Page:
It's Time for the European Central Bank to Admit Deflation

In March, a member of the European Central Bank Governing Council said that the "deceleration of prices" in the eurozone would be temporary.

But it appears that much of the European Union's price deflation has become a trend.

The ECB's assessment of price deflation has been shortsighted, according to a July 30 Bloomberg article by Mark Gilbert titled, "Europe Won't Admit It's Spiraling Into Deflation."

Referring to the ECB's March remarks, Gilbert writes:

What sounded unlikely then now looks myopic, misinterpreted or disingenuous, depending on how charitable you're feeling.

The article mentions Spain as an example of why it's time for European financial authorities to admit that the Continent is spiraling into deflation.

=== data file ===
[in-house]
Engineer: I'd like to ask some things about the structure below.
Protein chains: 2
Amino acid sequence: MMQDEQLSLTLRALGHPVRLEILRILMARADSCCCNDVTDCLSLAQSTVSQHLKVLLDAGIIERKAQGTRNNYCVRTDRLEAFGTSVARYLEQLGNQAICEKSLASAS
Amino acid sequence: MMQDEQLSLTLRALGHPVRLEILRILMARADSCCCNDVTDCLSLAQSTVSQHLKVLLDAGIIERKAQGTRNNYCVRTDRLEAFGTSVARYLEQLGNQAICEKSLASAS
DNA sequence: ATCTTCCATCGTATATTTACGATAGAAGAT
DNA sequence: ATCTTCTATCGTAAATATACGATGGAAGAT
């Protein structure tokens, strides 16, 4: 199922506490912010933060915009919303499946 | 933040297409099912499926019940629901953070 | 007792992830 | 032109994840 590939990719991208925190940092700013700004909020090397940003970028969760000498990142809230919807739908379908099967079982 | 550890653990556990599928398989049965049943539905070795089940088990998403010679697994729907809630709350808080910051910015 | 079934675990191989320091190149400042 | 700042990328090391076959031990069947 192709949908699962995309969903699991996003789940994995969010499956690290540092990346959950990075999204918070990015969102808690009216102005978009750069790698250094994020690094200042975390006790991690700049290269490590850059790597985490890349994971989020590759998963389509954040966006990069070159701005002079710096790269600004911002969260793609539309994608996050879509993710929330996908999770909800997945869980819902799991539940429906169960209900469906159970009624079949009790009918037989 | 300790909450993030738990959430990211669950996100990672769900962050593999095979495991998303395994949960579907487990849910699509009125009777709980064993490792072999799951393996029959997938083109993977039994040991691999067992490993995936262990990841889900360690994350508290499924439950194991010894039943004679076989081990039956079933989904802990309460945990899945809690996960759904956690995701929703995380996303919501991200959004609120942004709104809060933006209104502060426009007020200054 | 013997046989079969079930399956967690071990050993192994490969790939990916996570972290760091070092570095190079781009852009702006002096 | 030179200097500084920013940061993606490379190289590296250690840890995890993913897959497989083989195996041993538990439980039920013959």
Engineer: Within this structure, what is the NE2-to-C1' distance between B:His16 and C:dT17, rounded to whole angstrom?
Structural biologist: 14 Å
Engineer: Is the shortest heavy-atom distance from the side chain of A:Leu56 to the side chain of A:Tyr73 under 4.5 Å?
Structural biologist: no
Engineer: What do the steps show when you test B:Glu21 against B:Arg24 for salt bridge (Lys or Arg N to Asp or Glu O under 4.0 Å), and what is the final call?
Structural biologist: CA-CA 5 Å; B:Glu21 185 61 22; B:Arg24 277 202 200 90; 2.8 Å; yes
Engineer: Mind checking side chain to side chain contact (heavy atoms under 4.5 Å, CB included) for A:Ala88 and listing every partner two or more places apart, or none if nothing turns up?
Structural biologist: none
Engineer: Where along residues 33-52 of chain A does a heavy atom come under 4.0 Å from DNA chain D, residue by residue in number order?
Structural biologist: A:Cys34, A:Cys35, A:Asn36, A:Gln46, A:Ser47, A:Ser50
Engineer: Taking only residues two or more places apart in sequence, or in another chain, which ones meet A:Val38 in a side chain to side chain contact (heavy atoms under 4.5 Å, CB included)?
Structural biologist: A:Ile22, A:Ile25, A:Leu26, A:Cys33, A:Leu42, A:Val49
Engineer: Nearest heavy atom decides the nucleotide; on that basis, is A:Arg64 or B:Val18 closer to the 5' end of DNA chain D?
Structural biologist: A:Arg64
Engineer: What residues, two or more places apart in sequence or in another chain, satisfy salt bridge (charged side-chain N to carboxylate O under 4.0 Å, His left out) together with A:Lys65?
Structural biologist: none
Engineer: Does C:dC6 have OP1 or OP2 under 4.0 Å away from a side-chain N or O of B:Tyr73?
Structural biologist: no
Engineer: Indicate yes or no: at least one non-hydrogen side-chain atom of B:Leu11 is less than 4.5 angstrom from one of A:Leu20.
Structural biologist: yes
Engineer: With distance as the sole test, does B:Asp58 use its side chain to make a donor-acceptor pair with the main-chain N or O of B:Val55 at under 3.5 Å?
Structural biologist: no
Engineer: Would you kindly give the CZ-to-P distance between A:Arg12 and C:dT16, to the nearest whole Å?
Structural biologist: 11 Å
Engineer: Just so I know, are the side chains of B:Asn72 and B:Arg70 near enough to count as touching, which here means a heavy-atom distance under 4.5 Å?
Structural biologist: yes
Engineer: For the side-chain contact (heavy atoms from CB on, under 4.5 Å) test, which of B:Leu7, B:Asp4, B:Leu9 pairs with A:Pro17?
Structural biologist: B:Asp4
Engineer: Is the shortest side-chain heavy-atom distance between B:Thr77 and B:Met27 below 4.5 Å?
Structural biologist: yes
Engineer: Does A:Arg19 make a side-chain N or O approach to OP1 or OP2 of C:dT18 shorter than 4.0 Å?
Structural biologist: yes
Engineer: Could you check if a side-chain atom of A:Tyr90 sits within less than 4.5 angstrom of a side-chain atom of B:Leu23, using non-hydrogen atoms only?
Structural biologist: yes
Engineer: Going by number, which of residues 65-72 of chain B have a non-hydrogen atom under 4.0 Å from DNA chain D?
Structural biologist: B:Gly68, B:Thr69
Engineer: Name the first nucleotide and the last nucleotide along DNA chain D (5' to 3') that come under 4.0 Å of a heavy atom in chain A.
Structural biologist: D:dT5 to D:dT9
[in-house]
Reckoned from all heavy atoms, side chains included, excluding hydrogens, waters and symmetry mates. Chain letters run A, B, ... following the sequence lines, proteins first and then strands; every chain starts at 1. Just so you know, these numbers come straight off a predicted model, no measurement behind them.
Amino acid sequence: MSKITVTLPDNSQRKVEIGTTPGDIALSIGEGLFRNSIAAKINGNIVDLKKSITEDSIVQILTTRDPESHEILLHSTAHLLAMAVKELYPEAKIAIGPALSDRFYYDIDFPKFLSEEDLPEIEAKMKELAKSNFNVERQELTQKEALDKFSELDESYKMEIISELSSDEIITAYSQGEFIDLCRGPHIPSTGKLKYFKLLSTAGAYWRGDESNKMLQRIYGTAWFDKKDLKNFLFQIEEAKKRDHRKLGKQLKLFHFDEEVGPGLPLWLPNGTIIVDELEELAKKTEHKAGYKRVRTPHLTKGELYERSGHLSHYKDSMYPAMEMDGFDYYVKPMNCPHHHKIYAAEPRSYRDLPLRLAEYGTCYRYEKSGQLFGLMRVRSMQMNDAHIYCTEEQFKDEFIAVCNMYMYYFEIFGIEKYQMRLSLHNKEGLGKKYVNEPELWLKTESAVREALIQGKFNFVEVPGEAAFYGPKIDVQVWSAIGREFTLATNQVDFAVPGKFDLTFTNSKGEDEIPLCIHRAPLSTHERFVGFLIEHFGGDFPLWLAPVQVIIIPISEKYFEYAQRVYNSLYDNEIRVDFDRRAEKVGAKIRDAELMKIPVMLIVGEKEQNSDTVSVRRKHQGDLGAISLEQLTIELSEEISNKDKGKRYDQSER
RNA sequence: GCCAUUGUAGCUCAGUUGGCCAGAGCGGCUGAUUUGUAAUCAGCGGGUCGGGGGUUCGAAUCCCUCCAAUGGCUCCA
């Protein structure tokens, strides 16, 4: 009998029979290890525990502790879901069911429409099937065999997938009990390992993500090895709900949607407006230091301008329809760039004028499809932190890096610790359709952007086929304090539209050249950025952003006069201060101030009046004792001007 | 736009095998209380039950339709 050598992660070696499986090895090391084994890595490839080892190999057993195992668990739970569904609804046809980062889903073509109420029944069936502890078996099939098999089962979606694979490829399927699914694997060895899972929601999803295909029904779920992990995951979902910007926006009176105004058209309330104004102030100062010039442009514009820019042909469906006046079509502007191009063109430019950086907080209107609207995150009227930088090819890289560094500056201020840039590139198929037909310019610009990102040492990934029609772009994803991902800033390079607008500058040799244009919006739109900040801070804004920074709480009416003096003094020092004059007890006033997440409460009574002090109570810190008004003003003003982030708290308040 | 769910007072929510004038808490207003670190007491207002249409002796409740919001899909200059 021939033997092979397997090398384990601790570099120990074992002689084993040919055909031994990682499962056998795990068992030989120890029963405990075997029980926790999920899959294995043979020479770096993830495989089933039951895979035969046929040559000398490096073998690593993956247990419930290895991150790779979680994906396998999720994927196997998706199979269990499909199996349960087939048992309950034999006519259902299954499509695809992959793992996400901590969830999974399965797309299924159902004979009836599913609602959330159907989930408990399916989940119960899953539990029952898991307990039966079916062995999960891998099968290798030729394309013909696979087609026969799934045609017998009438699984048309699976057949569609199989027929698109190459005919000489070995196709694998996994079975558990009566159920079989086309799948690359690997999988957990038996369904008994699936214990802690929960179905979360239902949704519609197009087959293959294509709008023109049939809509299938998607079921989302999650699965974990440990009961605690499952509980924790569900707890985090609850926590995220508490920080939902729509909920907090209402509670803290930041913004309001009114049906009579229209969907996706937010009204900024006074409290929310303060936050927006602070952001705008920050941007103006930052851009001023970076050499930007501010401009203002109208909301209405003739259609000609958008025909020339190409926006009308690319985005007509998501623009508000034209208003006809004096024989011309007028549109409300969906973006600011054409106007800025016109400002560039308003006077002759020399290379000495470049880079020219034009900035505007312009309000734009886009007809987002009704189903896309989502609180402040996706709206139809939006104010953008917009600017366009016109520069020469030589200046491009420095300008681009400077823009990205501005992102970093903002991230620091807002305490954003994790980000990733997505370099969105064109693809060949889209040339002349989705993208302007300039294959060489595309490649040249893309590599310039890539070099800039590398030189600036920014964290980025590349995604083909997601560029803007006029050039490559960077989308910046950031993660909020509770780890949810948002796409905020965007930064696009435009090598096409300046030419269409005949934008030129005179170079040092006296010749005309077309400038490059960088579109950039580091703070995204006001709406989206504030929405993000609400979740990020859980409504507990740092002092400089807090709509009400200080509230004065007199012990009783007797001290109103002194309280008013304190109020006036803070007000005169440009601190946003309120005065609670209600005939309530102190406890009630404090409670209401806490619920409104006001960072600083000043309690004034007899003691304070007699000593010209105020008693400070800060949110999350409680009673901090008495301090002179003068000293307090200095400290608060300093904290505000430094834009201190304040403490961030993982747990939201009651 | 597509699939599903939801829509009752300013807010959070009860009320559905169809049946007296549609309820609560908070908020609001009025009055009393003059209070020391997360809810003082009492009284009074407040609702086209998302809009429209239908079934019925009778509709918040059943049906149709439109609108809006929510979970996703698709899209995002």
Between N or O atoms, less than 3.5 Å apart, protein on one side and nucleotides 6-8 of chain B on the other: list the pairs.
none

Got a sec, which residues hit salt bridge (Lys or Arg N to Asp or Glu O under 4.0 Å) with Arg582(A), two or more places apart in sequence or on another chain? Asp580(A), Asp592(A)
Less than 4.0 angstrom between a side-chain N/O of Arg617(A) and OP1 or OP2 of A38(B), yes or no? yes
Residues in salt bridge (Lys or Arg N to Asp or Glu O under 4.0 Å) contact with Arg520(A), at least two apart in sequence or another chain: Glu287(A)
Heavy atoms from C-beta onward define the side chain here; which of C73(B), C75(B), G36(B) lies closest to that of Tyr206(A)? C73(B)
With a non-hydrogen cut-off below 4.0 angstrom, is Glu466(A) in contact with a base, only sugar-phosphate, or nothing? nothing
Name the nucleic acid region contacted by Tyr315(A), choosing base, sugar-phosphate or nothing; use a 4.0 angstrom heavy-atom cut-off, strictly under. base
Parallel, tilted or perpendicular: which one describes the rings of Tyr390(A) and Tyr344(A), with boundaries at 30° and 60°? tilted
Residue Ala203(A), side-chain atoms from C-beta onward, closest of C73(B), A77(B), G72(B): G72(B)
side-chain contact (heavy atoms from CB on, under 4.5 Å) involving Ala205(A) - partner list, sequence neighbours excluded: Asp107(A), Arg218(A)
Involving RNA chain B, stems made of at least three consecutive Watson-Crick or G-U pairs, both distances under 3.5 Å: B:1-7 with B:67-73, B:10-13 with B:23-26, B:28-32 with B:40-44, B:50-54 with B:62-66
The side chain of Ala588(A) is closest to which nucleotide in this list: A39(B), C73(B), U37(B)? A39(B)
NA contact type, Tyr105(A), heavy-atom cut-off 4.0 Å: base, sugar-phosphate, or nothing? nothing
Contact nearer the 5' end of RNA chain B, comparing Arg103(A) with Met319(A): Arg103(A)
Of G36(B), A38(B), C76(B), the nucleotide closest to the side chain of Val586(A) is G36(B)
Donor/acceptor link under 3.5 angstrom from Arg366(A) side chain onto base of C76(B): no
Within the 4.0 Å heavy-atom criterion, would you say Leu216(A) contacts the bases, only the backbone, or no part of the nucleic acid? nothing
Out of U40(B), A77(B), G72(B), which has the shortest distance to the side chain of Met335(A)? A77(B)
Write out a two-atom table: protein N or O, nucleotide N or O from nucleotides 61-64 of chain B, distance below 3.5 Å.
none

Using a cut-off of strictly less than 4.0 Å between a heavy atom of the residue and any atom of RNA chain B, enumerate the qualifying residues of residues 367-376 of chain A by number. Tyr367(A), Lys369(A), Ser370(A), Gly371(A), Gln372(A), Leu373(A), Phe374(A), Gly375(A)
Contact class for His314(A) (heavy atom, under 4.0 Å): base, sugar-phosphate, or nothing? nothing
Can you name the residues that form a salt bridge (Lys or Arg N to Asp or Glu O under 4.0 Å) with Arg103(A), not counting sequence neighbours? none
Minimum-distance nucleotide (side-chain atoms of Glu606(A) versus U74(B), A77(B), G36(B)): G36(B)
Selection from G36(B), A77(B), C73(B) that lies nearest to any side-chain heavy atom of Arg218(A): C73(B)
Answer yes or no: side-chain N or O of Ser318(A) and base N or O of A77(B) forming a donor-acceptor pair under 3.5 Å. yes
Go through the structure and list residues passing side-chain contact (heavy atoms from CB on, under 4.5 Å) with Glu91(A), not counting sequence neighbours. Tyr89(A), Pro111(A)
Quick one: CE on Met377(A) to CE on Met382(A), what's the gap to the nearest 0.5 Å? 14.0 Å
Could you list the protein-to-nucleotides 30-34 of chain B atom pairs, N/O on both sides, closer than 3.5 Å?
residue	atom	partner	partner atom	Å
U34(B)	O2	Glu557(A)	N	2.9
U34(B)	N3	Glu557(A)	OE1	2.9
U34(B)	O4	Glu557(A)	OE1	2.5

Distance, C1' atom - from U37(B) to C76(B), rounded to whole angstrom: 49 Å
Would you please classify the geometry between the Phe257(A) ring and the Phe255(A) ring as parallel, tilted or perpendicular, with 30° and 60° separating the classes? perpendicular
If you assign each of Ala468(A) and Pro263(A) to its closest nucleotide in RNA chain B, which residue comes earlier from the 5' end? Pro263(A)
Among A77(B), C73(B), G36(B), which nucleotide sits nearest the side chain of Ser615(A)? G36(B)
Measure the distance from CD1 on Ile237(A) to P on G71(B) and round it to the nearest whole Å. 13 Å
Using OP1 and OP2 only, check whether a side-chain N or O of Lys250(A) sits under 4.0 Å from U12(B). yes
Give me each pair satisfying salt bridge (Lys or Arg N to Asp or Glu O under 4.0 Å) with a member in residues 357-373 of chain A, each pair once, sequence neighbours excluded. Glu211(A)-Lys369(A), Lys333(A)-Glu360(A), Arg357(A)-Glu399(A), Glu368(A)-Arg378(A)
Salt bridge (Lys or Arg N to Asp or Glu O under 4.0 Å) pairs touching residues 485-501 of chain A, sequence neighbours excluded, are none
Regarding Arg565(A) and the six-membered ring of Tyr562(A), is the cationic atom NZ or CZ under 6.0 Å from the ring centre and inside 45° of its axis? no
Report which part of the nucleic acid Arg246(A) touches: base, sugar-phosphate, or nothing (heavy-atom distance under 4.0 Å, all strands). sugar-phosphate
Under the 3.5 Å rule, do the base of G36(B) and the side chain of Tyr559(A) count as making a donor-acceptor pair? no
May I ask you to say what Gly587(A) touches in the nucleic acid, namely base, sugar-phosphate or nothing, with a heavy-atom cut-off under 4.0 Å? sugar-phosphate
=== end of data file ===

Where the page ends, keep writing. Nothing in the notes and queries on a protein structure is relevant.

Figures today show Spanish consumer prices dropped at an annual pace of 0.3 percent this month. Inflation there has been below 1 percent for a year. If the technical definition of a recession is two consecutive quarters of shrinking gross domestic product, it seems fair to suggest that a further slowdown in Spanish prices next month would put the country in deflation.

Moreover, prices are dropping even though growth figures also released today show the economy expanded by 0.6 percent in the second quarter, beating the 0.5 percent anticipated by the Spanish central bank. All of which bodes badly for the ECB's efforts to avert deflation in the euro area.

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